while the lower classes are engaged in a ceaseless struggle with need, in other words, with pain, the upper carry on a constant and often desperate battle with boredom.
Arthur Schopenhauer: The Two Things That Stop Us From Being Happy
Zat Rana

This is the difference between hedonic and eudaimonic happiness.

Hedonic exists in the lower half of Maslow’s pyramid, where food, shelter, and sex reside. Eudaimonic exists in the top, where a sense of belonging, sens of purpose, and self-actualization reside.

Although the original theory postulated that hedonic needs must be met before eudaimonic become dominant, Frankl’s work debunked this as mythology. There is no hierarchy of human motivation. There is an interdependent complexity.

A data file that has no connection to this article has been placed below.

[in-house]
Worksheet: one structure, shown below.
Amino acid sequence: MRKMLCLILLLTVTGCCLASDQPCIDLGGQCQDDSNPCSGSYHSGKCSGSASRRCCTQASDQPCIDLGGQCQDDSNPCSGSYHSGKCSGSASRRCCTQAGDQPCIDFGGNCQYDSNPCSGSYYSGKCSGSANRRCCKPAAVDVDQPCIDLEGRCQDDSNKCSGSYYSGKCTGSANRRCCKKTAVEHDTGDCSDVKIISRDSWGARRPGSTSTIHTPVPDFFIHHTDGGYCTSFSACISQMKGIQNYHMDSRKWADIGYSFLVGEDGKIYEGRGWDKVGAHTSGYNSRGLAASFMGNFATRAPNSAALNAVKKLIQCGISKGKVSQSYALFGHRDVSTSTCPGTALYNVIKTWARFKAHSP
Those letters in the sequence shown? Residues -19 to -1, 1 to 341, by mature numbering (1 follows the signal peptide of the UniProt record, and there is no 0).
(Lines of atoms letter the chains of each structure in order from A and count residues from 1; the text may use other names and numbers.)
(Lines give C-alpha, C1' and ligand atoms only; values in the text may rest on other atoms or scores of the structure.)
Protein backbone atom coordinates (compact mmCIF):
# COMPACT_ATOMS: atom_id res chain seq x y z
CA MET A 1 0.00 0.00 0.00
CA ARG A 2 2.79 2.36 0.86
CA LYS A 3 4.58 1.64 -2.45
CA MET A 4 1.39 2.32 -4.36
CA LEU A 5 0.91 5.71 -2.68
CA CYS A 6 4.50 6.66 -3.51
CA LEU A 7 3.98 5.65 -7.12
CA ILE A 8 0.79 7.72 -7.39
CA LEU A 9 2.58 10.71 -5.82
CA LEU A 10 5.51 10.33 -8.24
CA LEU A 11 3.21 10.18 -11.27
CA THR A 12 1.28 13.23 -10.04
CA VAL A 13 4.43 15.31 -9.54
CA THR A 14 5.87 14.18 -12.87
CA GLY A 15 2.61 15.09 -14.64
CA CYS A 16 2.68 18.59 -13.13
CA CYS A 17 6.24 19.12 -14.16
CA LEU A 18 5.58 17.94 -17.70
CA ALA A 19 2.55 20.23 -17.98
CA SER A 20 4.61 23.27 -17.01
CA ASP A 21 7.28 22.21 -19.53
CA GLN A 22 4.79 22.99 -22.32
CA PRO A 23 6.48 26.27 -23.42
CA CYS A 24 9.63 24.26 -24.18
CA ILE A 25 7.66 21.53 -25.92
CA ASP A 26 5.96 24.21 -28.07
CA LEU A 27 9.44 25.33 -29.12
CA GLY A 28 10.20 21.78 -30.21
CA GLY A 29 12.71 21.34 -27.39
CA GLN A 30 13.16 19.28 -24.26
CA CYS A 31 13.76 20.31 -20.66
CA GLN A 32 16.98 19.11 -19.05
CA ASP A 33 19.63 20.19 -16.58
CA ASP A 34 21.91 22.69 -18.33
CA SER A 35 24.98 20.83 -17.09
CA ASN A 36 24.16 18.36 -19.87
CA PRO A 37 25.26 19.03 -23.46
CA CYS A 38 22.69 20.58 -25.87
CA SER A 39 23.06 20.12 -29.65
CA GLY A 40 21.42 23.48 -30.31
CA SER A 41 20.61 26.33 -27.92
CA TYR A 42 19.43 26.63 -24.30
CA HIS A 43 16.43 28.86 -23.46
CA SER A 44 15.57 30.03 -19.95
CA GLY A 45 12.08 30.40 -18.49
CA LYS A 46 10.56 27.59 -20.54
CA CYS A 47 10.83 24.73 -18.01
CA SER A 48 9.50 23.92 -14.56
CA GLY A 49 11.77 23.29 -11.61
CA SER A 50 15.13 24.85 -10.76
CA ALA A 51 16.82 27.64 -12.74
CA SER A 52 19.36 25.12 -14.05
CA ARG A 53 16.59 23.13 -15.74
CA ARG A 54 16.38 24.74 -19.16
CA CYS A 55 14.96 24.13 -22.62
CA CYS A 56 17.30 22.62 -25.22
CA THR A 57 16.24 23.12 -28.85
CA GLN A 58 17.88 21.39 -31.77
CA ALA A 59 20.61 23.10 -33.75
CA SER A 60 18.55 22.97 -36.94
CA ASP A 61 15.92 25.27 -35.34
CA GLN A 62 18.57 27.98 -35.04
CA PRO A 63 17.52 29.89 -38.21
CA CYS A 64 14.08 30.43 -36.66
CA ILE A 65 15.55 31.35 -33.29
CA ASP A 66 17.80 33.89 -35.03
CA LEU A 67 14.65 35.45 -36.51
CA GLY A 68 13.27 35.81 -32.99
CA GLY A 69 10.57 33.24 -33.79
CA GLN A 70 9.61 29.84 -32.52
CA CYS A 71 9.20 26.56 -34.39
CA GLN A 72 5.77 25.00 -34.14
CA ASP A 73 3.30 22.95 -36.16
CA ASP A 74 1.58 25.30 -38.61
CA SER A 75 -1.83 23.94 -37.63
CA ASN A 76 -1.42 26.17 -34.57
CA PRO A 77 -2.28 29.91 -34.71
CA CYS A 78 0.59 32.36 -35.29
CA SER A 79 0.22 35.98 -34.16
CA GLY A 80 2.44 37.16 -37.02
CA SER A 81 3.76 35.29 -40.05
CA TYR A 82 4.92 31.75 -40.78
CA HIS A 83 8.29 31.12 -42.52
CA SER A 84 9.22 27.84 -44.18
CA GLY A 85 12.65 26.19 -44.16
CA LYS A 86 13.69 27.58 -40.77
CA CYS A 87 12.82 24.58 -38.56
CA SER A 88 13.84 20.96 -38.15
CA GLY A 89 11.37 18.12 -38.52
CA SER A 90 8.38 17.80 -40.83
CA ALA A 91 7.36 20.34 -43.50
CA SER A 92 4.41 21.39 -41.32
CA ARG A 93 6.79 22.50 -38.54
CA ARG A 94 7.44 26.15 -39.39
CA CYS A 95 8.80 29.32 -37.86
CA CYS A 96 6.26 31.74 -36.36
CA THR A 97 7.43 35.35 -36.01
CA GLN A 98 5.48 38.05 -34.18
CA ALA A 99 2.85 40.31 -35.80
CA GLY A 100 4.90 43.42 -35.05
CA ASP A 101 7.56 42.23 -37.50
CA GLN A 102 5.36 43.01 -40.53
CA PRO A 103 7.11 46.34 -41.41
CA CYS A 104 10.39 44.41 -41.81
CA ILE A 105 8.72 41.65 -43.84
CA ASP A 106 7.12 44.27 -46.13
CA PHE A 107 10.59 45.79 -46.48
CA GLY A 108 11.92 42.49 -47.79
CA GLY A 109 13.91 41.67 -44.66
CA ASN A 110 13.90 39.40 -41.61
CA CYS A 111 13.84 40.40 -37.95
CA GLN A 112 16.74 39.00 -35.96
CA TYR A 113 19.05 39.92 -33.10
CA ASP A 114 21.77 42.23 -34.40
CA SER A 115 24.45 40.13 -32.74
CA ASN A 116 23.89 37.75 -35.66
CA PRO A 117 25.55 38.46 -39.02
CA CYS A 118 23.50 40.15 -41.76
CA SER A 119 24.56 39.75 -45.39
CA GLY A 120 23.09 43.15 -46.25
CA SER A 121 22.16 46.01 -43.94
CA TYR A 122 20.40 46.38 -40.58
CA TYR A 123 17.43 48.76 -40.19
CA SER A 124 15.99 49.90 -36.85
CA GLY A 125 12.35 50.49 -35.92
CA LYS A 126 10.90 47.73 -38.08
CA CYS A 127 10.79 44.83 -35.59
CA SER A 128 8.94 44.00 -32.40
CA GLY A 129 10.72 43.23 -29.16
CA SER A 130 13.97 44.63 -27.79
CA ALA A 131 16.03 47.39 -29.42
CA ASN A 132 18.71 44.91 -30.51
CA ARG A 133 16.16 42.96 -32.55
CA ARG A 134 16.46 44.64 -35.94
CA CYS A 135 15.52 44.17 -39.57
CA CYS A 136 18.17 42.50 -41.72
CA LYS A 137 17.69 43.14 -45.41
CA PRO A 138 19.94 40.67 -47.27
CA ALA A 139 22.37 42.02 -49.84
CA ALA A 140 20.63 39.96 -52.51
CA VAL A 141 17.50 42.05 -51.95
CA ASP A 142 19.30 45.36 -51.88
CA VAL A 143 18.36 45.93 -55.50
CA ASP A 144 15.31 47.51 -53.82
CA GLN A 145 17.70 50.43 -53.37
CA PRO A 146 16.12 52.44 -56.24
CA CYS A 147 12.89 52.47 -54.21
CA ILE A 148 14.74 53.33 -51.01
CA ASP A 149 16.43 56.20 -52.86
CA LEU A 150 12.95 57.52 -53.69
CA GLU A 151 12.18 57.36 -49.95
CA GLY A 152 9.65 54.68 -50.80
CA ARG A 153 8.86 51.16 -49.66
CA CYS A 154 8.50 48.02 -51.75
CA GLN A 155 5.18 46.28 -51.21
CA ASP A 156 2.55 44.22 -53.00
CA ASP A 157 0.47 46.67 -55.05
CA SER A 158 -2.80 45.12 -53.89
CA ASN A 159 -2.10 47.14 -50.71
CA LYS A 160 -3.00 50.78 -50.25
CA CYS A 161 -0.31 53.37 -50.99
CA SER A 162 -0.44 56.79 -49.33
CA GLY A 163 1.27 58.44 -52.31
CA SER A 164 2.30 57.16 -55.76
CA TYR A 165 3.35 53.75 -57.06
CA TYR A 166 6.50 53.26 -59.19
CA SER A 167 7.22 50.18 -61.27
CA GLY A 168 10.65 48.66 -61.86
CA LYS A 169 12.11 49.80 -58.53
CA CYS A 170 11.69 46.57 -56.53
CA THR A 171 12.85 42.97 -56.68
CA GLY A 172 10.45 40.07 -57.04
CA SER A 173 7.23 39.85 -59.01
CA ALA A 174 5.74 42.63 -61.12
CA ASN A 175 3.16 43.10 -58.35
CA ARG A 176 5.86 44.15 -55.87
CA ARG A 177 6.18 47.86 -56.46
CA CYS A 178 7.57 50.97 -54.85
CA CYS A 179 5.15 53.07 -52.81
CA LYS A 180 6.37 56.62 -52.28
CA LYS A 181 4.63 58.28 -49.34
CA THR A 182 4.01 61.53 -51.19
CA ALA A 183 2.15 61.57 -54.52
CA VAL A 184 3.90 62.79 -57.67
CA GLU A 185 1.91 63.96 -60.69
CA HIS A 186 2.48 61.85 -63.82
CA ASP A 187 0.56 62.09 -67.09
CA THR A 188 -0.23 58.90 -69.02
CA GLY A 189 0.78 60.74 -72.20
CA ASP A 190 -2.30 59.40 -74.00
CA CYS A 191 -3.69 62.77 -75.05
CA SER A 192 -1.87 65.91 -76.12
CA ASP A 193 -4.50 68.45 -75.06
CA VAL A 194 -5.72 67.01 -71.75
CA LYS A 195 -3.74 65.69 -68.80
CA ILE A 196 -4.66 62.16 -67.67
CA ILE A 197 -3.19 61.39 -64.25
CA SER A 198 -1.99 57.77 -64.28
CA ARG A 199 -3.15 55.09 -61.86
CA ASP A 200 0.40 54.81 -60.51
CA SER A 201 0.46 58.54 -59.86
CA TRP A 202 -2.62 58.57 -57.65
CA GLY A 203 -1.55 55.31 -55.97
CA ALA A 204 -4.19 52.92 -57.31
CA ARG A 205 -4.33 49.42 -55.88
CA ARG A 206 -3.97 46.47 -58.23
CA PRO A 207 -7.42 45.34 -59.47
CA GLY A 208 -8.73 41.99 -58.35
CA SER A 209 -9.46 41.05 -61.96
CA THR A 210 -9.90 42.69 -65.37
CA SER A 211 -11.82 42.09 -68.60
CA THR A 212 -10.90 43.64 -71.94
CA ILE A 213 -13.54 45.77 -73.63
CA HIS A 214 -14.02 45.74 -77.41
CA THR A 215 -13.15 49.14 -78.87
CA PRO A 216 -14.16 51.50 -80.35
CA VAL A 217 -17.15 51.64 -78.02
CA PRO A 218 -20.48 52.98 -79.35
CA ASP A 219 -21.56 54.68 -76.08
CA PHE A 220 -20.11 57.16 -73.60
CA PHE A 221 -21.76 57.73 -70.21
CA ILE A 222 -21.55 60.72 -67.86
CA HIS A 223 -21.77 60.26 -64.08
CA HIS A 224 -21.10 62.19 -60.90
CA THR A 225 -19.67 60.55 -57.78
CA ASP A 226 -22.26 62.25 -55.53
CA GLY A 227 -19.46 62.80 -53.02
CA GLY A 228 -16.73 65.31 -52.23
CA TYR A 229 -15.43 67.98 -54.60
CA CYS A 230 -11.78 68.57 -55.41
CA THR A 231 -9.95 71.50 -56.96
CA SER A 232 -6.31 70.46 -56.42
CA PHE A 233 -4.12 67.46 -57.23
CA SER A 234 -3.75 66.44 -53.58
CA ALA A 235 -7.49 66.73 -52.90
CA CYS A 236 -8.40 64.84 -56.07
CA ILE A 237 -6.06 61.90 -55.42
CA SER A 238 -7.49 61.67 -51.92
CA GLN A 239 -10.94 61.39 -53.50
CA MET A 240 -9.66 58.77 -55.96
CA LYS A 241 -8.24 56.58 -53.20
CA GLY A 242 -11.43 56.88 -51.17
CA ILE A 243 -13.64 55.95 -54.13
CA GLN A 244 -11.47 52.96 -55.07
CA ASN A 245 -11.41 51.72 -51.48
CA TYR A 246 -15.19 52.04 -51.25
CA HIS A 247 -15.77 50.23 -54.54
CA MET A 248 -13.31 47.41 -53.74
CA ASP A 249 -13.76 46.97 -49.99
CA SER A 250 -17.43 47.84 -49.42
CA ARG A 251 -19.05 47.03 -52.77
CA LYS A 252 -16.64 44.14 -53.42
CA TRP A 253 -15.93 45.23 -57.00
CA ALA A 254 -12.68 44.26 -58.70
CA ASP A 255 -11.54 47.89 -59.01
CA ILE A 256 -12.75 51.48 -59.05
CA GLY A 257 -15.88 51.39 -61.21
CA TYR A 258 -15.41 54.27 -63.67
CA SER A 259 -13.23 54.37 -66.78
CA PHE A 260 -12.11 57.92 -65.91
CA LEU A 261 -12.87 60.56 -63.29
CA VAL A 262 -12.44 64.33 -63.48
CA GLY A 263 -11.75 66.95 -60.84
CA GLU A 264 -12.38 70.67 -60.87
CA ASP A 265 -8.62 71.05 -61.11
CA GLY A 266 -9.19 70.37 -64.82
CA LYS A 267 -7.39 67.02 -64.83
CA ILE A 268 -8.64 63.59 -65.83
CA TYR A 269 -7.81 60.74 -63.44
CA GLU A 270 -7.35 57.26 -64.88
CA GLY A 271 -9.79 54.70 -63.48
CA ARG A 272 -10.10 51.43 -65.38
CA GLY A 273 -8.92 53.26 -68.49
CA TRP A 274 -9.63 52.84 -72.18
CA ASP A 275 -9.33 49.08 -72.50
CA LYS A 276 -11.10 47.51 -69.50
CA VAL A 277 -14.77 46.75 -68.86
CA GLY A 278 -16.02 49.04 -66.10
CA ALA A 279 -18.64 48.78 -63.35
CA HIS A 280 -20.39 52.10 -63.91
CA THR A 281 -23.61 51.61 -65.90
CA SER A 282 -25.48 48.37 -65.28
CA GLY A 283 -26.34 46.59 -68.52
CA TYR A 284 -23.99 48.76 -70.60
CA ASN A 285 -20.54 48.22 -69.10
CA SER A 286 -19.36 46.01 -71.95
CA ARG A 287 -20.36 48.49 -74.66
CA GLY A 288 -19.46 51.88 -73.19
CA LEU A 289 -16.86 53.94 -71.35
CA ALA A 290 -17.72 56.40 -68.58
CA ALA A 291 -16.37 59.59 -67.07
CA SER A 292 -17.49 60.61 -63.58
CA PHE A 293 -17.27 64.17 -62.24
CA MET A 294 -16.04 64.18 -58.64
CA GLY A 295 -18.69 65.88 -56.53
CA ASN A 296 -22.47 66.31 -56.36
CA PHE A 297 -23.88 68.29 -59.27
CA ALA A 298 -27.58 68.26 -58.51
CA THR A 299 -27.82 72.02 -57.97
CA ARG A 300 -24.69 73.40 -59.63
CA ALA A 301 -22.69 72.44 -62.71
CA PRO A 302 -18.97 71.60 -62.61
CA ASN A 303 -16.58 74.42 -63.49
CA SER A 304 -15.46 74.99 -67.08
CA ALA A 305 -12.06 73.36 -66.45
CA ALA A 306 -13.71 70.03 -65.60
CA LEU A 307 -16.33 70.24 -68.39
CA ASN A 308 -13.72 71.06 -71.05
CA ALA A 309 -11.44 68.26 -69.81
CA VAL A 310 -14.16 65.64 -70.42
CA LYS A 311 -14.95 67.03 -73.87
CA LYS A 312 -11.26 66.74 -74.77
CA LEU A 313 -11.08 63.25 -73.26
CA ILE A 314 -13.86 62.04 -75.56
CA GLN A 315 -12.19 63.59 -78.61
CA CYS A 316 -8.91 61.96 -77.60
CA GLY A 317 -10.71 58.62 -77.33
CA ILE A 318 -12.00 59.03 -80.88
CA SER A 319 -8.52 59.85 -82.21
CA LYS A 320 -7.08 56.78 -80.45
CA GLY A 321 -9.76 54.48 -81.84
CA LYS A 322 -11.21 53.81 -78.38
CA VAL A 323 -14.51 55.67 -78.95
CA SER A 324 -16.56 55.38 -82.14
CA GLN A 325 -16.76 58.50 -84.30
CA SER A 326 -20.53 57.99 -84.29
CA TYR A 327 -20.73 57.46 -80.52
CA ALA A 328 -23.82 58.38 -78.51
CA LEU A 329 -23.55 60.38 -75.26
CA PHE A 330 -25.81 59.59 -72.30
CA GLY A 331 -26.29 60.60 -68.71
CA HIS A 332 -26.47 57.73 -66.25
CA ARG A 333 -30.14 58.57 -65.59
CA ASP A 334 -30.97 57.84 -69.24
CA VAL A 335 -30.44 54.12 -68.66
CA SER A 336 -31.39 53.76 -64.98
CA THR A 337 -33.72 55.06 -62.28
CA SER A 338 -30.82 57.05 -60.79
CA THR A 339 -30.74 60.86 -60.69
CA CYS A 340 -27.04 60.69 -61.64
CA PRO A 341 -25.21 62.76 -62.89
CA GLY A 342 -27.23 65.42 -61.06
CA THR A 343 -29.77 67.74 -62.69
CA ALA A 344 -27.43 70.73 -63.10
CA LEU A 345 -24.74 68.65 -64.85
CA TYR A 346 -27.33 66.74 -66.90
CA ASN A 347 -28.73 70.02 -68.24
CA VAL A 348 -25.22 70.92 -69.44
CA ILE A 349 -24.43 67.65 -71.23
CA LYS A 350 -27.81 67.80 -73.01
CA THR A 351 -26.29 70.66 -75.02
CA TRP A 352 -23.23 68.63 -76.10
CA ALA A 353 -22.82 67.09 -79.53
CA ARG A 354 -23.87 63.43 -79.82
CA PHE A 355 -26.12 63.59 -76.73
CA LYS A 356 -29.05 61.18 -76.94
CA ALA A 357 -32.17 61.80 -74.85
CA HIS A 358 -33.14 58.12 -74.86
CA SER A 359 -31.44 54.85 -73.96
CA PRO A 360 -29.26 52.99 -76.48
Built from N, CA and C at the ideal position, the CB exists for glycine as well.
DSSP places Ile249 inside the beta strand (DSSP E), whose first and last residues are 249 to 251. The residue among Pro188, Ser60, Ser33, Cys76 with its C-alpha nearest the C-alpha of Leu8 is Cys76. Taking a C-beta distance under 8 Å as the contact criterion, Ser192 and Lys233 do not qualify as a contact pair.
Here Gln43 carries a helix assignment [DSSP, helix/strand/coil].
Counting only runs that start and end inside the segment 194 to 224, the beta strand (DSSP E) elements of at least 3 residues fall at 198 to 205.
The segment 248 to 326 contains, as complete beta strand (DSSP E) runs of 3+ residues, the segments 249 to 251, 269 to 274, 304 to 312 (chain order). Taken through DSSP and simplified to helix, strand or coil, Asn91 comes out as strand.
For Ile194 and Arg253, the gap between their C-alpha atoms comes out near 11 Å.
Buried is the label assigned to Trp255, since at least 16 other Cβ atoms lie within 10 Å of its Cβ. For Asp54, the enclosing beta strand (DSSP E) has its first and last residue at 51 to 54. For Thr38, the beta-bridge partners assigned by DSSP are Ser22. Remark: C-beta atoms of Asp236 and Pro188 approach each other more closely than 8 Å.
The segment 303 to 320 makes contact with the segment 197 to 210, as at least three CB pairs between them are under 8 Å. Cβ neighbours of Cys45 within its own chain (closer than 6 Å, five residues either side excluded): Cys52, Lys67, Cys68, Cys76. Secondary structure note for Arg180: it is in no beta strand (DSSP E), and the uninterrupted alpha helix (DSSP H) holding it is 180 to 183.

I doubt Schopenhauer’s credibility in his characterization of the lower classes, to whom “meaning” and “sense of purpose” may have been of paramount importance in ways that he was incapable of empathizing with.

Nevertheless, his observations on pain and boredom help us identify intellectual antecedents to Maslow, and the schism that had emerged between Freud’s “will to pleasure” and Adler’s “will to power”.